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paocra 05-08-18 10:51 PM

Raleigh Technium Tri-Lite - Restore and Ride.
Hello all,

I started looking for a bike in NYC a couple of weeks ago and recently joined BikeForums looking for some advice on my purchase.
Despite having a tiny budget (200 high max.), I impatiently searched and finally purchased a Raleigh Technium Tri-Lite (White, Raspberry, hints of Light Blue)
The bike was in decent working condition, but had many scratches and scuff marks - paid 100 USD for it (which some have said is too much, but given the market and my lack of patience seems fine). It was, however, heavily scratched/scuffed and just not aesthetically maintained. Despite this, rust was very minimal and I only found some surface rust on the interior part of the front wheel eyelets?.

I was mostly looking to ride the bike, but seeing the bike's potential if restored has awakened my interest in doing some amateurish attempts at minor restoration. As a result, I have purchased a second bike (bye bye May leisure budget) - a 2009(ish) Boardman Road Team which I will be riding while I get the Raleigh nice and shiny.

The bike + the repairs
The paint is for the most part there, but there are significant scratches and scuffs (largest one is probably 1/2"x2").
Components seem to be close to original for the most part (Shimano 105 groupset + Rigida frame). They all work, but could do with some cleaning. Rims are actually looking dull, but will try to bring their shine back.

As of now I've purchased some Testor's Enamel paint to patch up the issue areas and have given the bike a quick wipe down. The wipe down alone made it 15% better. I plan to thoroughly clean the frame and do cleaning of the components.

I've always had a weak spot for old mechanical anythings, but had never really gotten into bikes. Excited to get familiar with bike anatomy through this project over the next couple of months.

Any advice/tips/thoughts will be very appreciated!

PS: The bike is the same color scheme as this one, but w drop bars:

jimmuller 05-09-18 04:44 AM

Welcome to BF, and C&V in particular! If you posted pics they don't show.

For most of us here the paint's condition is moderately important but the operating condition of all the components is critical. Clean up the derailleurs so that they operate smoothly, adjust them well. Position the saddle and handlebar so they are comfortable. Repack the bearings, especially if they feel gritty. To the extent of your skill and tools repack the bottom bracket (i.e. crank) and the headset. Replace anything that is actually broken or seriously worn out. Ride it, or them! You can worry about paint touch-up as a background task.

Of course without pics it didn't happen. That's a rule,you know.:D

Narhay 05-09-18 04:45 AM

Try some polish on a wet rag. It will clean up the paint before you touch it up.

If your bike has rhe 105 groupset in the photo you shared then it was in the middle of the lineup for Raleigh at the time. Depending on condition $100 could be quite a good deal. We need photos of your bike though.

T-Mar 05-09-18 06:26 AM

The Technium Tri-Lites were a series of Triathlon bicycles from the very late 1980s. For the 1987 model year,Raleigh entered into a deal with Scott Tinley, the 1982 & 1985 Ironman Champion. The deal was undoubtedly prompted by the success that WSI was having with their Centurion Ironman bicycles endorsed by Dave Scott. The first model was the Scott Tinley Tri-lite which used the aluminum and CrMo Technium road frame outfitted with a SunTour Cyclone AccuShift group. In 1988 the Tinley version was equipped with Campgnolo Nuovo Victory and four other Tri-lite models were added to the range. The line was short lived, having disappeared from the catalogue by 1990.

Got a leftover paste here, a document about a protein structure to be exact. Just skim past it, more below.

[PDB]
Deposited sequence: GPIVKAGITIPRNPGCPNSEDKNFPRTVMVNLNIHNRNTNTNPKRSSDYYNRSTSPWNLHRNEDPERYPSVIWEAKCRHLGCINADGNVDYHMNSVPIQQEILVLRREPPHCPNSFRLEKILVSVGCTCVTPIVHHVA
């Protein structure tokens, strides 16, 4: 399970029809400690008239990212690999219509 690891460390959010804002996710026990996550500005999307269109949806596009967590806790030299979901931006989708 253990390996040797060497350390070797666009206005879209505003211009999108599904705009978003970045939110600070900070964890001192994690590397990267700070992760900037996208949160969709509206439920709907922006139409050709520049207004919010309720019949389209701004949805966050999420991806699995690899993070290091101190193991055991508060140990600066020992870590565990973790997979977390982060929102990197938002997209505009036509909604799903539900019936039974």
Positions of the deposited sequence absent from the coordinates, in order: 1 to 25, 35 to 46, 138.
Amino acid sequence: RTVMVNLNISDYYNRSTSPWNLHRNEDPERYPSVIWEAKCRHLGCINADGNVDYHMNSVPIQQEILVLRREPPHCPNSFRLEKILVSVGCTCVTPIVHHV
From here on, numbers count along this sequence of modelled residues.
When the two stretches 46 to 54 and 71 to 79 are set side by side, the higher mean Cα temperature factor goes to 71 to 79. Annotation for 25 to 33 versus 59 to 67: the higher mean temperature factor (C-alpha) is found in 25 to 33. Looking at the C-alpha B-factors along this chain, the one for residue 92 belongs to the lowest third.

The OP's bicycle is the 3rd in line Tri-Lite Pro which was spec'd with Shimano New 105 and was $550-600 US. The wheels are OEM, despite the incongruous presence of Rigida rims. Almost certainly as a cost concession, Raleigh decided to spec freewheel compatible Atom/Maillard hubs laced to Rigida rims. The exact date manufacturing date for the frame should be obtainable from the serial number.

paocra 05-09-18 08:15 AM

I forgot to take pictures of the true starting condition, but I'll try to snag some tonight (I just got a little too excited and started taking it apart).
The partial serial is R811580 - so if I researched correctly April 24, 1988

paocra 05-10-18 11:02 PM

Pictures will come - I promise - I've just had a crazy week and haven't had time to transfer them.

Sadly, as I was pulling the bike apart I came across three roadblocks: what seems to be frozen pedals, a frozen stem and a frozen handlebar/stem clamp.
I'm considering going to my LBS to resolve these bits, although I'd be interested in trying to go the DIY route.

I have no clue how to address the handlebar clamp it seems like it was over tightened.
For the stem, I ended up fully removing the threaded bolt and screwing it from the bottom to get a hold of the wedge. I caught the wedge which is now sitting at the bottom of the for attached to the bolt. Despite this, the stem still wont come out... I've dropped in some WD 40 from the bottom and will give it a couple of days. It is possible to slightly rotate the fork independent of the stem if the latter is held.
The pedals - I just don't have a long enough wrench to get enough torque (is my hypothesis).
Any ideas or links to posts to resolve any of these?

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